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Making Green Decisions continued...

However, according to studies done so far, some general trends have emerged. On average, organic foods contain slightly higher levels of trace minerals, vitamin C, and antioxidant phytonutrients than conventionally grown crops. However, the studies point out, measuring the nutrient content of food is only partly indicative of how healthy a food is. It's also worthy to note that children may be more sensitive to pesticides because they are still growing. And by comparison, children eat more food for their weight than adults do.

When it comes to deciding what food products to buy for your baby, Horowitz says it depends. He recommends organic milk products. Horowitz also says he's a big fan of eating seasonal fruits and vegetables purchased locally, which are generally fresher, not to mention better for the environment because they haven't traveled half way across the world to get to you.

No matter who you speak to, going green does not have to be an all-or-nothing prospect. Organic products often cost more, and there are plenty of ways you can reduce your baby's exposure to toxins and do your part for the environment without breaking the bank.

Food Choices for Baby

Breast or bottle? Right from the start, you can begin with the most organic activity there is – breastfeeding. You don't need to clog landfills with formula containers and use countless gallons of water to wash hundreds of baby bottles. The American Academy of Pediatrics recommends exclusive breastfeedingfor your baby's first six months.

Infant formula. If you choose not to breastfeed your baby, infant formulas are available that display the USDA Organic Seal, which certifies that the ingredients are grown without the use of certain pesticides, and that milk-based formulas come from cows that aren't given hormones, antibiotics, or other chemicals. Don't use bottled water to mix with your formula, you're only adding to the local landfill -- tap water is fine. Try using glass baby bottles or try BPA-free plastic baby bottles.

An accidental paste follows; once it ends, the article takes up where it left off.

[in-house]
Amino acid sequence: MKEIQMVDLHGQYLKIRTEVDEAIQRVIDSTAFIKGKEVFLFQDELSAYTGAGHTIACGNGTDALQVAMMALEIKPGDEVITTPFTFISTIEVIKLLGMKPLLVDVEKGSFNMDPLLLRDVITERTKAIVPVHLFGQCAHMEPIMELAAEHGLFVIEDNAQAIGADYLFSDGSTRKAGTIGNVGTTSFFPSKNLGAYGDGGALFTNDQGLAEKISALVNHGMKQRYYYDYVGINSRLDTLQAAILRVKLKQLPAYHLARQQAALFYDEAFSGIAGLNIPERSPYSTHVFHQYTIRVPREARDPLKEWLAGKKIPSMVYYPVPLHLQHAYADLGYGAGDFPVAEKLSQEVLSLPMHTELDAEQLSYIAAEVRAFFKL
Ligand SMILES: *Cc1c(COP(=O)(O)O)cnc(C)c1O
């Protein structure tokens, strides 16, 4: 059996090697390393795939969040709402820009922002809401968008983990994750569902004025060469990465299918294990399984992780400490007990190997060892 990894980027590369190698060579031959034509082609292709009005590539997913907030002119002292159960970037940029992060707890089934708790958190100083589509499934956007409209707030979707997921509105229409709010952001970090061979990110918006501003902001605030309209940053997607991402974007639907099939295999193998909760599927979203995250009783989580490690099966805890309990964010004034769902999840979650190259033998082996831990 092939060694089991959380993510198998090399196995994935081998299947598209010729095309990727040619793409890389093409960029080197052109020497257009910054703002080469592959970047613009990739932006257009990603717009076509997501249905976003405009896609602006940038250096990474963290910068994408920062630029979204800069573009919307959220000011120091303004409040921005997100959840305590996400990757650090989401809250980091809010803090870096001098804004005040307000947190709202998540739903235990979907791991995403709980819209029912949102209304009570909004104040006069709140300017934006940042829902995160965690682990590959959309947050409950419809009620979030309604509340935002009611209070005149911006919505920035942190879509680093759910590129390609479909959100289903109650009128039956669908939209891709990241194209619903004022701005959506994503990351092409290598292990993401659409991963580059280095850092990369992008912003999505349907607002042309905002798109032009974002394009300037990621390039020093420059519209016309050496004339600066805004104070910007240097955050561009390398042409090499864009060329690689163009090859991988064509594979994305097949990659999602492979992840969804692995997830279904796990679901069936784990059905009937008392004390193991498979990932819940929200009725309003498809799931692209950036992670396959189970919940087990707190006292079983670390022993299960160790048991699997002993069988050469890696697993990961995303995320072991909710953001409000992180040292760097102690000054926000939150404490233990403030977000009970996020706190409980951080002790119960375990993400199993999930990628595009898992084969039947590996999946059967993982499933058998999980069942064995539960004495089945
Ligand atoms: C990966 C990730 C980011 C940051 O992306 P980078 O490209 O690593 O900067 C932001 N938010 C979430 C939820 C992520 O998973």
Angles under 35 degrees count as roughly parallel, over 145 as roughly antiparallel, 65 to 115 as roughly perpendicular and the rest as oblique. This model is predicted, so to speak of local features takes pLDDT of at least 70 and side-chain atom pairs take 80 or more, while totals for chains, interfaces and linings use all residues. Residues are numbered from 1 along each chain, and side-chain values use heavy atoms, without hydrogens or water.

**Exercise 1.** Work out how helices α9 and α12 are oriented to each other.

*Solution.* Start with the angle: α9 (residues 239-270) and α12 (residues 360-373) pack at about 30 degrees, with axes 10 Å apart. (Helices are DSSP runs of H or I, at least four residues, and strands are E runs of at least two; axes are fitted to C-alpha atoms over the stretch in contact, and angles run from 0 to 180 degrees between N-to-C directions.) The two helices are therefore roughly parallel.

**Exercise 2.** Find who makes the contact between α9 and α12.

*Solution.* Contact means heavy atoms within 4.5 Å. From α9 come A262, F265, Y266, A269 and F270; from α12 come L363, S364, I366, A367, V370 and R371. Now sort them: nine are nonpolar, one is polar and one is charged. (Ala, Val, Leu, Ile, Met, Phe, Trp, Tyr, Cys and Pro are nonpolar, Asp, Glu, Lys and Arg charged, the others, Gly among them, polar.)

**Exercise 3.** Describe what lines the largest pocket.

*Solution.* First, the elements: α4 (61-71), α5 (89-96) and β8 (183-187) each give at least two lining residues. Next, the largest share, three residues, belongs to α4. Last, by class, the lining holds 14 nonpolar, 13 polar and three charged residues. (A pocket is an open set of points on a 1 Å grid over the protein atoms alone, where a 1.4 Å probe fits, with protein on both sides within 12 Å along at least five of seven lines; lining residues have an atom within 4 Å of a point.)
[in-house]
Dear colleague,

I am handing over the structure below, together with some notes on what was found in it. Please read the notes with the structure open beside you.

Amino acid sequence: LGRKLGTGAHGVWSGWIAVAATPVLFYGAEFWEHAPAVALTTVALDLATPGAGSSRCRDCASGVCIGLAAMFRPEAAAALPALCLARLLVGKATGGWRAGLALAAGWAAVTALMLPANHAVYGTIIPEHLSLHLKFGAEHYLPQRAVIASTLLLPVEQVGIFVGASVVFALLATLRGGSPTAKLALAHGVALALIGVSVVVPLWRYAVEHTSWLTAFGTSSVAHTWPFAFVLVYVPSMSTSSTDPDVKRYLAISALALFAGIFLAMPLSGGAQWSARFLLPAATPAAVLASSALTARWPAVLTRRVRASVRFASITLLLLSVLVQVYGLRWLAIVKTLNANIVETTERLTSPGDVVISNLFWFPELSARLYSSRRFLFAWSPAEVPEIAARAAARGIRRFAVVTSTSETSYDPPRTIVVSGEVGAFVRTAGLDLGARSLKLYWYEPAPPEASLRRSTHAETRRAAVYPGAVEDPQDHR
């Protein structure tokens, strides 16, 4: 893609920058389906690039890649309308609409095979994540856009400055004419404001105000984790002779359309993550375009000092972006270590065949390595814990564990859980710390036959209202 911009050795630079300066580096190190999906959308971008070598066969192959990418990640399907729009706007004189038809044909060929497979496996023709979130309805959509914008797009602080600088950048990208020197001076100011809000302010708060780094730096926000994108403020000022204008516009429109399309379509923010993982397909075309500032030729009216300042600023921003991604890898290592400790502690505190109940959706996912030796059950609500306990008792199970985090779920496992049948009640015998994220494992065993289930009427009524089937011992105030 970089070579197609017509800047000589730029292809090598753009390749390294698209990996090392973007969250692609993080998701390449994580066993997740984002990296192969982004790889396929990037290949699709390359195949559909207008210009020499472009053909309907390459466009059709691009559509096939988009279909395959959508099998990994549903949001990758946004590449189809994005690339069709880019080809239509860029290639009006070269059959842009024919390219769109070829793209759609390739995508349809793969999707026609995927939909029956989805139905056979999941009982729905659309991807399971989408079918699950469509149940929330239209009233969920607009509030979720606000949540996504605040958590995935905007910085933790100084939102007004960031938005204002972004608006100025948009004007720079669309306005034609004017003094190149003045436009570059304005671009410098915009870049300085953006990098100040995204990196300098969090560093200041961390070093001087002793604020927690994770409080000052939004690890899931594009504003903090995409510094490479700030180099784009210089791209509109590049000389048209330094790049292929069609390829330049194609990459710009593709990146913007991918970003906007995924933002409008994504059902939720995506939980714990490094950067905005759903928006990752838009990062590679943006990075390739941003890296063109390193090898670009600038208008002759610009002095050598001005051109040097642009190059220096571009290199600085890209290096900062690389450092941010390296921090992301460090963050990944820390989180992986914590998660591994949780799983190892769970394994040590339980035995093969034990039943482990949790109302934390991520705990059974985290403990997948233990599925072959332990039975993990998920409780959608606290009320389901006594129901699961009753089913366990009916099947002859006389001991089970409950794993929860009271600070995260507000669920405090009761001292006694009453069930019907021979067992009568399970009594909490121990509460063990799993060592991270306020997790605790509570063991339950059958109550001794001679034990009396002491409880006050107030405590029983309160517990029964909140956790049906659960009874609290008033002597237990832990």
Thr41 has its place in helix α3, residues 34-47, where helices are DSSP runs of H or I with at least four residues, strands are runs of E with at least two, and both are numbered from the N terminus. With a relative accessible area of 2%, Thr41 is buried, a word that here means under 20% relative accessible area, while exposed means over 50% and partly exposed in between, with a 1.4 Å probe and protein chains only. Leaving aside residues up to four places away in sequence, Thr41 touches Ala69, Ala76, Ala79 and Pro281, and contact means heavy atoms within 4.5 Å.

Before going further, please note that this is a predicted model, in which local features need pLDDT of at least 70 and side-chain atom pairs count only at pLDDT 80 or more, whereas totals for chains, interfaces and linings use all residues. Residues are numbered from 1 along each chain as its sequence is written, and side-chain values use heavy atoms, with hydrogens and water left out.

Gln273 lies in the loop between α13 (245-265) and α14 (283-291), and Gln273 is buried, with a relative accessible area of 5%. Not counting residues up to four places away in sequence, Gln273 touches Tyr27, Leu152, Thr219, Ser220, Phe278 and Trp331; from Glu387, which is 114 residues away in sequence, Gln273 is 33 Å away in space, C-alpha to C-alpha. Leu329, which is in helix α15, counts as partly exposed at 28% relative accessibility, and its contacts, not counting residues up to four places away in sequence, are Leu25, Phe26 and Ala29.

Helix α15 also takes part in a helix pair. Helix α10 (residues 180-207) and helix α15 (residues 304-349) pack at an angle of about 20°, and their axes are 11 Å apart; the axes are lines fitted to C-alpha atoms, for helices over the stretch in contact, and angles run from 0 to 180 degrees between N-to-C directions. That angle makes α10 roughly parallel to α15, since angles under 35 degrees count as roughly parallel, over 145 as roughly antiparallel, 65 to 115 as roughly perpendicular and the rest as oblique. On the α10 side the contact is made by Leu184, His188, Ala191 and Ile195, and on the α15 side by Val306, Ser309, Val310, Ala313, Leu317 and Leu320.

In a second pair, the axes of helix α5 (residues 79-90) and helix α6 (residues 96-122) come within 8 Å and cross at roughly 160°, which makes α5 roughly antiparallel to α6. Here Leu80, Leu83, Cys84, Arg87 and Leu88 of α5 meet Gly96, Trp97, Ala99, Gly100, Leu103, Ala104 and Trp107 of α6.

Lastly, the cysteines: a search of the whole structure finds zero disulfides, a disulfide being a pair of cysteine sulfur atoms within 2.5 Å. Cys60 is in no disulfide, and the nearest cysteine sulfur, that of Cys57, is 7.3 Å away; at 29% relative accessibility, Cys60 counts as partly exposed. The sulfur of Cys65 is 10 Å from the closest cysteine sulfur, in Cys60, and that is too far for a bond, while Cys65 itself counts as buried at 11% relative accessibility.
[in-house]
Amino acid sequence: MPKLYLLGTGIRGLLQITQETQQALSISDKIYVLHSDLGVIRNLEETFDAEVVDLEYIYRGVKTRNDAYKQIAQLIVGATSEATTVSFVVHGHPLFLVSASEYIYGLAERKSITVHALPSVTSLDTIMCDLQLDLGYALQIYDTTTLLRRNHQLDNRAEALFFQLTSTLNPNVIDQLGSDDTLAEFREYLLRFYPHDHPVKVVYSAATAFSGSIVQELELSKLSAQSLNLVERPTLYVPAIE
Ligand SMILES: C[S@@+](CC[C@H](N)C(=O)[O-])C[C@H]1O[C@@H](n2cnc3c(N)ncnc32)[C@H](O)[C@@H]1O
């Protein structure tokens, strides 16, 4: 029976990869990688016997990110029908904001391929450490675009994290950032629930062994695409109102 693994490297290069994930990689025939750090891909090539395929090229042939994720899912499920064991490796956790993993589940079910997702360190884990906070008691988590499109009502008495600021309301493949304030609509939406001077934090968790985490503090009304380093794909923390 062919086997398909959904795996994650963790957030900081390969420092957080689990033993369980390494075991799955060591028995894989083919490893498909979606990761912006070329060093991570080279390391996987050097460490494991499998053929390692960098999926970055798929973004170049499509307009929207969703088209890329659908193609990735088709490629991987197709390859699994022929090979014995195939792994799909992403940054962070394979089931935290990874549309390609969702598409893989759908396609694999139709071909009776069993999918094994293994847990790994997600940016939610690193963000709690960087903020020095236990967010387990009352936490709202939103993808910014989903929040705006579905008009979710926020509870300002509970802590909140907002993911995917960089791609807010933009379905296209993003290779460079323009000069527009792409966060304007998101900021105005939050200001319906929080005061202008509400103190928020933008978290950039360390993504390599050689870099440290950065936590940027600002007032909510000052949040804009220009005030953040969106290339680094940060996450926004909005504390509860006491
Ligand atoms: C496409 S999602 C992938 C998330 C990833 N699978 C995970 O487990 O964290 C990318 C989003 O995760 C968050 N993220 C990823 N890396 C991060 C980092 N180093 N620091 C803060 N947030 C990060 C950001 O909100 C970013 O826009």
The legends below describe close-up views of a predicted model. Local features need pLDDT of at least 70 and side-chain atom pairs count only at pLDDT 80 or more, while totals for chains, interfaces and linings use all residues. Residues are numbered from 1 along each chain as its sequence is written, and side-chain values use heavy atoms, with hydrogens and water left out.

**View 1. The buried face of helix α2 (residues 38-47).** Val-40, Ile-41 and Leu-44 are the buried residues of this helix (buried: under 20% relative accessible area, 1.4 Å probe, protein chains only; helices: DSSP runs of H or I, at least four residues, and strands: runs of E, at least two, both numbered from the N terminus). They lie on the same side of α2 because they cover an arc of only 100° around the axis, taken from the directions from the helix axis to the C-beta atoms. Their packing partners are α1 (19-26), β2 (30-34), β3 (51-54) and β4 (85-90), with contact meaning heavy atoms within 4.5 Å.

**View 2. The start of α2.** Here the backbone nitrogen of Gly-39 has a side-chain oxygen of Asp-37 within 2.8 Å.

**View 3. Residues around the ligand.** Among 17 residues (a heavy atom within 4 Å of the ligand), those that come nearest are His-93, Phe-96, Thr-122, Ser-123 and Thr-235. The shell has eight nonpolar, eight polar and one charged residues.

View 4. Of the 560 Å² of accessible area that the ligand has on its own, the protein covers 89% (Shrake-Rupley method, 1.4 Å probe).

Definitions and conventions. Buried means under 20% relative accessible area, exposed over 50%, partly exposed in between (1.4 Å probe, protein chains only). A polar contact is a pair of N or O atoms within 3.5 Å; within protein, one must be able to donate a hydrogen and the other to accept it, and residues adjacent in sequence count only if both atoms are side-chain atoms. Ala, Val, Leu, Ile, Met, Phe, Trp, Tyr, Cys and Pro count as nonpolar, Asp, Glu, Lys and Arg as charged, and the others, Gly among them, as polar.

Solid foods. Once your baby is on solids, if you want to try making your own baby food, you can peel and boil, bake, or steam the food and blend it with some extra water, breast milk, or formula until it reaches a texture suitable for your baby's age -- the younger the baby, the smoother the texture. Make individual portions that are easy to remove by pouring it into silicone ice cube trays, cover with freezer bags, label them, and store in the freezer, Kelley says.

Fresh fruits and veggies. If you can't see the extra cost to buy all organic fruits and vegetables, you can lower your child's pesticide consumption by nearly 80% by avoiding the 12 most contaminated fruits and vegetables and eating the least contaminated produce, according to the Environmental Working Group. The EWG recommends the organic versions of the following produce items:

  • Celery
  • Peaches
  • Strawberries
  • Apples
  • Blueberries
  • Nectarines
  • Bell Peppers
  • Potatoes

Non-organic produce items that are lowest in pesticides include:

  • Sweet corn
  • Pineapple
  • Mangos
  • Sweet peas
  • Kiwi
  • Cantaloupe
  • Watermelon
  • Sweet potato
  • Honeydew

You can also go organic on only the foods your child eats most, like milk and apple juice.

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